Binge-Eating Disorder

Binge-Eating Disorder is characterized by periods of binge eating without any compensatory behavior, such as vomiting or excessive exercise. That is, Binge-Eating Disorder is similar to Bulimia in that sufferers binge eat, but it is a distinct disorder because sufferers of Binge-Eating Disorder do not compensate for their over eating.

Because people with Binge-Eating Disorder experience frequent episodes of out-of-control over eating, without compensating for the excess calorie intake, many with the disorder are overweight or extremely obese for their age, sex, and height.

Feelings of self-disgust and shame associated with this illness can lead to bingeing again, creating a repeating cycle of binge eating.

Binge-Eating Disorder was only recognized as a distinct eating disorder in the 1990s.

Statistics

It is currently estimated that between 2% to 5% of females living in Western society will suffer from some form of Binge-Eating Disorder at some time during their life.

Approximately one- third of Western people with Binge-Eating Disorder are male, so less than 1% of Western males will suffer from some form of Binge-Eating Disorder at some time during their life.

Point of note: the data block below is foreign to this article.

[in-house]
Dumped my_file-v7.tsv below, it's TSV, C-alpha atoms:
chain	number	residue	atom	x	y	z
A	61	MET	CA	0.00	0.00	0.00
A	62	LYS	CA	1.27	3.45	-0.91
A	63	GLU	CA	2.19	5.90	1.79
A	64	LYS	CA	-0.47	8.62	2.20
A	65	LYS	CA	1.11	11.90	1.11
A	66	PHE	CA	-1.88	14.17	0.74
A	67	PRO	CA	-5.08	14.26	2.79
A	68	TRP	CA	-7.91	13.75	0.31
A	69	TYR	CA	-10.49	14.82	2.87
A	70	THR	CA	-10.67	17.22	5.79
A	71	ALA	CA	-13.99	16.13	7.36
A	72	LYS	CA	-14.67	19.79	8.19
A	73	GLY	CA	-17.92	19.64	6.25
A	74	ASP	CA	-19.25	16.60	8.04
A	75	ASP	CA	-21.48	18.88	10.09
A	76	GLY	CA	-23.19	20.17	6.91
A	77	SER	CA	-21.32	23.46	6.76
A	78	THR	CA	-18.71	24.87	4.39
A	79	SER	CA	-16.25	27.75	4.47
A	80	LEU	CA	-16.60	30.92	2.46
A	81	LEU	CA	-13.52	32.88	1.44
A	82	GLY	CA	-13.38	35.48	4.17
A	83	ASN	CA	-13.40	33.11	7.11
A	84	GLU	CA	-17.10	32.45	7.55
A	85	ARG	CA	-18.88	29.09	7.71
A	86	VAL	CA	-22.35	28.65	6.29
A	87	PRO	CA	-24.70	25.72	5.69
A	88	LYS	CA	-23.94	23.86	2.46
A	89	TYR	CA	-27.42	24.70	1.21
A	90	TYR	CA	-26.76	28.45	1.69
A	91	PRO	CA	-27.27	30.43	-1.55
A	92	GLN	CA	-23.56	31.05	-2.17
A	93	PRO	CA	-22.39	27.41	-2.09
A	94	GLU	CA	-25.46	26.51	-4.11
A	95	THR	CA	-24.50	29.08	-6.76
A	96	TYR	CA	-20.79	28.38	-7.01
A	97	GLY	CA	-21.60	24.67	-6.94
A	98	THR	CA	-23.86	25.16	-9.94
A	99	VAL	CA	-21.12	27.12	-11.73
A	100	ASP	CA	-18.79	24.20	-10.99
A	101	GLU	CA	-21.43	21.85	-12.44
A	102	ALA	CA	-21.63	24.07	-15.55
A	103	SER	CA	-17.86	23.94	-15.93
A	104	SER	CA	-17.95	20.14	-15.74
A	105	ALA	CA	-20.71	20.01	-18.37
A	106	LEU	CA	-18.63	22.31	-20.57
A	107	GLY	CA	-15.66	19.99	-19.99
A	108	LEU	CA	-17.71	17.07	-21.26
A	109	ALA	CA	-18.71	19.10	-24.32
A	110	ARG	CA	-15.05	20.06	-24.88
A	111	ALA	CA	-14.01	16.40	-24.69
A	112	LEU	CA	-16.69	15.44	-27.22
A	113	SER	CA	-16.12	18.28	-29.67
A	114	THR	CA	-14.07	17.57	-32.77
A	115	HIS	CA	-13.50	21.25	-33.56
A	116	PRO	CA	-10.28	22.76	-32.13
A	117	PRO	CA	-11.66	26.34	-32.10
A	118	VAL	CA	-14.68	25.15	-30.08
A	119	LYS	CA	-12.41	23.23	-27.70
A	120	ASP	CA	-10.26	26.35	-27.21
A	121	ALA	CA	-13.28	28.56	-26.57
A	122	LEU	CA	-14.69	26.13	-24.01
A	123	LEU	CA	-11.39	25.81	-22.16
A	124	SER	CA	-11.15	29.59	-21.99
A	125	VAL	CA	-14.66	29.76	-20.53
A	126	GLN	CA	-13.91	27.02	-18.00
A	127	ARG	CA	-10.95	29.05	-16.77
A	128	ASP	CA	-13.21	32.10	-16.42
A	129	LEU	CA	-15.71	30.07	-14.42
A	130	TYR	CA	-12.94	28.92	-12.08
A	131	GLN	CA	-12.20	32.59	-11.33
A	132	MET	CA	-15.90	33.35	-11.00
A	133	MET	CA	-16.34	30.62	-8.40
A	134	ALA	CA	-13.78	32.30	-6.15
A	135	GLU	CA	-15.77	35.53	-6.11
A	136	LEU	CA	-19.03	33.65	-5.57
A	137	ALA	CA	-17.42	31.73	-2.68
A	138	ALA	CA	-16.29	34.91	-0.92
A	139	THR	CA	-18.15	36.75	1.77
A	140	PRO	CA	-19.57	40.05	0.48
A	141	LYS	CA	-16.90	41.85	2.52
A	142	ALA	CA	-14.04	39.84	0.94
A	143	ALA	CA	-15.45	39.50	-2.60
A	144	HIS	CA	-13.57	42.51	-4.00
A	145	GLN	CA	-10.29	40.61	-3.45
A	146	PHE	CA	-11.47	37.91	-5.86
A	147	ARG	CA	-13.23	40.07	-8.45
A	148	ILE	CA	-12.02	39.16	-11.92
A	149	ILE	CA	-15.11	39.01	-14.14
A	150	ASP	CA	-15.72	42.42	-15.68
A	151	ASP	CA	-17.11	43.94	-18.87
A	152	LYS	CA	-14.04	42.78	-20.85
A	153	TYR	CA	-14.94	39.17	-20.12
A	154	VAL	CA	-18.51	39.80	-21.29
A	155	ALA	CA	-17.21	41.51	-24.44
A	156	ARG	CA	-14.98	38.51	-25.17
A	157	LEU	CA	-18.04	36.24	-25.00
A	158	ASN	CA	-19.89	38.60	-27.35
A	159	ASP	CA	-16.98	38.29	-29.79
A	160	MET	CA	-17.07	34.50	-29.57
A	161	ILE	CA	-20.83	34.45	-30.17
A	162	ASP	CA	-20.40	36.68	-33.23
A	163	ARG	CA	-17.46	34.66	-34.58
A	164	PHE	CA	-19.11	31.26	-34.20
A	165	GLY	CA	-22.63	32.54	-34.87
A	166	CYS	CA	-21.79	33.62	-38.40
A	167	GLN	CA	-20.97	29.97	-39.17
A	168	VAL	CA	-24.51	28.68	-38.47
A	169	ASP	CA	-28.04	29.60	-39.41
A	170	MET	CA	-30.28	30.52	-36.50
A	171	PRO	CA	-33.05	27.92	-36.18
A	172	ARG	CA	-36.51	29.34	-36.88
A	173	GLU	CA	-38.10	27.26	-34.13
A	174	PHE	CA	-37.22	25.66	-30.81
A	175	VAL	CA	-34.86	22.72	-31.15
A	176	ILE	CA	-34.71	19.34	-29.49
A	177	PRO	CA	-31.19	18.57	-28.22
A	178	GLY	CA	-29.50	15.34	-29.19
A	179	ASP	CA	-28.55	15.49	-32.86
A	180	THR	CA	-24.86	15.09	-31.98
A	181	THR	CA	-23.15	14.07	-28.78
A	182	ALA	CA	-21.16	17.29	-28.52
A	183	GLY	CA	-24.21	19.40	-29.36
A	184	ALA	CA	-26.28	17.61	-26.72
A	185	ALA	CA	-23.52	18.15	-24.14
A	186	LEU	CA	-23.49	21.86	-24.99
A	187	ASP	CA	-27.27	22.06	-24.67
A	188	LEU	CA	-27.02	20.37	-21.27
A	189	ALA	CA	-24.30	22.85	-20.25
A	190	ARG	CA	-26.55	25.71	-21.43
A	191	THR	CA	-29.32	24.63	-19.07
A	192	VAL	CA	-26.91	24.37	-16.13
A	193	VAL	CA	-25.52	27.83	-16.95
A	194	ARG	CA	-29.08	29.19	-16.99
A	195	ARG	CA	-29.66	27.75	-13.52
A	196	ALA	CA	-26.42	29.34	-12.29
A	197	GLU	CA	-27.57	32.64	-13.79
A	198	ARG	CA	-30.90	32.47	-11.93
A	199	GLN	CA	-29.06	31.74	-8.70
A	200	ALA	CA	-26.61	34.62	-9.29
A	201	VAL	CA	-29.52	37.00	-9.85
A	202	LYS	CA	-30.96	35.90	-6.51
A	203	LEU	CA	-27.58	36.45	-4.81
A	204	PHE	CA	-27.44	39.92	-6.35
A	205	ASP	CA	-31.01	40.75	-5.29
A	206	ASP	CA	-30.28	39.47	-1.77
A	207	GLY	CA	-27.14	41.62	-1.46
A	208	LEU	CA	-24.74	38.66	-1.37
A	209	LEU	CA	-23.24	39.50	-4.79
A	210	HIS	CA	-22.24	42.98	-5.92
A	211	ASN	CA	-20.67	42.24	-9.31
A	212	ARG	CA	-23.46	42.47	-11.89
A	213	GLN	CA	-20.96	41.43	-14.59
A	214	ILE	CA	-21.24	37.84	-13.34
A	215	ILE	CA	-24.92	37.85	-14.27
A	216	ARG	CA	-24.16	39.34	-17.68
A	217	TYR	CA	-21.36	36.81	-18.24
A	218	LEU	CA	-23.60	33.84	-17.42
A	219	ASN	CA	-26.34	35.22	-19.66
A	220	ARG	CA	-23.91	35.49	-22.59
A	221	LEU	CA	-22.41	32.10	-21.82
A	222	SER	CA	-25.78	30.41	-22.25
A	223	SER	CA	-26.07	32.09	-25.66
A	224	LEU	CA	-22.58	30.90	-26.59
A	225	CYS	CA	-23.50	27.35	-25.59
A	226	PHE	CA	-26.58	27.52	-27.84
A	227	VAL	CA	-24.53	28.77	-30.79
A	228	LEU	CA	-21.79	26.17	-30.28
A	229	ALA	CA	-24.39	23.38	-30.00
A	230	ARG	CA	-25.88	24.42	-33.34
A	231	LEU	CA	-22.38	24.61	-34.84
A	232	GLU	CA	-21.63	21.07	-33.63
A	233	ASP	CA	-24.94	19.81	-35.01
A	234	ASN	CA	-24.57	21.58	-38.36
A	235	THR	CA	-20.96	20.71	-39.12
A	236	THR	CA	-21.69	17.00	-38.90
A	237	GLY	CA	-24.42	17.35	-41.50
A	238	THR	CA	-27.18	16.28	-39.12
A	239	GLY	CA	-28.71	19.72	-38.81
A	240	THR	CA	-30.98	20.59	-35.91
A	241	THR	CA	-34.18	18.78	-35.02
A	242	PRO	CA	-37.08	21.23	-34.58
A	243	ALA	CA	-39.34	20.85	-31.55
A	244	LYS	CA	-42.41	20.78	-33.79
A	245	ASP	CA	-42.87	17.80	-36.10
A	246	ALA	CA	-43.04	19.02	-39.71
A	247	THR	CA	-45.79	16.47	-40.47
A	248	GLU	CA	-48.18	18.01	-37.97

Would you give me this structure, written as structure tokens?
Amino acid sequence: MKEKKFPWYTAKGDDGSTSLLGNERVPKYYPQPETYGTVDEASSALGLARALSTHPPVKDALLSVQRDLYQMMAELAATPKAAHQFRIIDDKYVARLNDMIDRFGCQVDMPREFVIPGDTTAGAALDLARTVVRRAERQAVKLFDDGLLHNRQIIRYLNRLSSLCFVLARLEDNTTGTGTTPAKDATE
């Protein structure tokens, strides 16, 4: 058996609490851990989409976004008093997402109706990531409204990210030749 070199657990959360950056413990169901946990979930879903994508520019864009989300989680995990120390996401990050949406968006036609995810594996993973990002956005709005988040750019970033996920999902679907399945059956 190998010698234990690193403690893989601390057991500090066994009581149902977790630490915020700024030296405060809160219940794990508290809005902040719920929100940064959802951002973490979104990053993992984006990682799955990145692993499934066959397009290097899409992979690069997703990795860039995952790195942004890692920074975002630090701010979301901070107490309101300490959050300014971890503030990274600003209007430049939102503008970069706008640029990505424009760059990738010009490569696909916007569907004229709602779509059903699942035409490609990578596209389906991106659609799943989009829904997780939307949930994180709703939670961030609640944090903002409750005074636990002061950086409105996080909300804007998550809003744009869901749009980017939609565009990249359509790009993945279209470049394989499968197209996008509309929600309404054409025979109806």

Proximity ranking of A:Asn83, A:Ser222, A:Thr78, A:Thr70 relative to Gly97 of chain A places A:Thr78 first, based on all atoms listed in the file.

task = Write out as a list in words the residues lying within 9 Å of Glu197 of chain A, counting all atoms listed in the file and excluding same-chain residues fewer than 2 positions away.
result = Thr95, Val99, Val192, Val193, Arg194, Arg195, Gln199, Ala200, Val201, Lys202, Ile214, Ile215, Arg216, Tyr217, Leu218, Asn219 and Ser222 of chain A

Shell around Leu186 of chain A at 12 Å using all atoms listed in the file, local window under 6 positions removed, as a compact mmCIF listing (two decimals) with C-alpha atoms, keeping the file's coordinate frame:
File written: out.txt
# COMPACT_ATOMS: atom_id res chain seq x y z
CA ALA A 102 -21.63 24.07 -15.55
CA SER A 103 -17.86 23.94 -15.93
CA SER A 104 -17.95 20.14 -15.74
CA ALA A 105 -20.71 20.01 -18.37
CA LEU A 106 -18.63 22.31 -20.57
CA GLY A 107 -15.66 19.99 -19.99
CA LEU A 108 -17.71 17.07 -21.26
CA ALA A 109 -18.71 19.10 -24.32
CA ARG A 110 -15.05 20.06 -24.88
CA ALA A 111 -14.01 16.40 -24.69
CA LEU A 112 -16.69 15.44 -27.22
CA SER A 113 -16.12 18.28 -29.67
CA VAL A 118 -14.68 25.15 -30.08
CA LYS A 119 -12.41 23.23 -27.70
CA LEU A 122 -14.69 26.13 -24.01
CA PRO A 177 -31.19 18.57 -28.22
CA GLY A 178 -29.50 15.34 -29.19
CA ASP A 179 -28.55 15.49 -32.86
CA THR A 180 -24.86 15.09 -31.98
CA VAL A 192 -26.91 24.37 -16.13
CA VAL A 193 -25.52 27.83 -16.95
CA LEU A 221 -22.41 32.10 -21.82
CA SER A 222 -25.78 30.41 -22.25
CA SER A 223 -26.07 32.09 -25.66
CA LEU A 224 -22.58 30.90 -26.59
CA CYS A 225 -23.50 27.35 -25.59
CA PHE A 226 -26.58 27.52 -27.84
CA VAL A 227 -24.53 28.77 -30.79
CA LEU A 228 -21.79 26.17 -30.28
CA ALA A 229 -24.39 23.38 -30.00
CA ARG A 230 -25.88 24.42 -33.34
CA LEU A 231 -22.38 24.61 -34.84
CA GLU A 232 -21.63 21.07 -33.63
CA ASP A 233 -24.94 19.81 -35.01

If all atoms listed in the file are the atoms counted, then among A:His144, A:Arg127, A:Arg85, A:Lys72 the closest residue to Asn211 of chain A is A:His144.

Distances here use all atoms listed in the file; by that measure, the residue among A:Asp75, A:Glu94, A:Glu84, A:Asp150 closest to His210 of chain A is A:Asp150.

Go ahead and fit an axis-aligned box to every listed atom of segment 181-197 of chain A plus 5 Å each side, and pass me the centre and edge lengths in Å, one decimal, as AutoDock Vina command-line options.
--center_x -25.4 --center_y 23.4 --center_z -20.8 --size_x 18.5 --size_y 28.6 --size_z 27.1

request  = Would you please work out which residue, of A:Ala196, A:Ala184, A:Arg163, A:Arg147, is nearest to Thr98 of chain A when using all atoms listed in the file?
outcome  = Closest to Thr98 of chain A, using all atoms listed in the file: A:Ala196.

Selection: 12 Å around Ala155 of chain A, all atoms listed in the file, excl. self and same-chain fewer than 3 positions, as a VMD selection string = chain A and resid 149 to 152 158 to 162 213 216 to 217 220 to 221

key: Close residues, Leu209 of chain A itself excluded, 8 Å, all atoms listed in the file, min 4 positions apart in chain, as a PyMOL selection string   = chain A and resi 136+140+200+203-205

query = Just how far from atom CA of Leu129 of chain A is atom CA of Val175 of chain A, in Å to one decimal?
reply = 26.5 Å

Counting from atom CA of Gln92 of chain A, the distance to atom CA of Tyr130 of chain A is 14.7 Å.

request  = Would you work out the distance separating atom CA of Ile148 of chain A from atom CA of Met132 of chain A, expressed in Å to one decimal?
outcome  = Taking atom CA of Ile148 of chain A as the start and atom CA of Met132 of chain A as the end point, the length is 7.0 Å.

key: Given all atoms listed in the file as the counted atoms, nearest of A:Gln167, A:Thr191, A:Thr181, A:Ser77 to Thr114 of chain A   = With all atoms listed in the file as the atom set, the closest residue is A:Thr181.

Binge-Eating Disorder Symptoms

Binge-Eating Disorder is characterized by:

    Recurring binge eating episodes, which involves the consumption of large amounts of food within a short period of time. The person may feel a sense of loss of control and shame following these episodes.
    Each binge-eating episode is associated with at least 3 of the following:
    Eating much more rapidly than normal.
    Eating until feeling uncomfortably full.
    Eating large amounts of food when not feeling physically hungry.
    Eating alone because of being embarrassed by how much one is eating;
    Feeling disgusted with oneself, distressed, depressed, or very guilty after overeating.
    Binge eating without any compensatory behavior, such as purging, fasting, or exercise.

Overweight / Obese

Because people with Binge-Eating Disorder experience frequent episodes of out-of-control over eating, without compensating for the excess calorie intake, many with the disorder are overweight or extremely obese for their age, sex, and height.

Feelings of self-disgust and shame associated with this illness can lead to bingeing again, creating a repeating cycle of binge eating. In addition to the signs and symptoms for each type of Eating Disorder, a range of warning signs can also indicate the possible development of an Eating Disorder.

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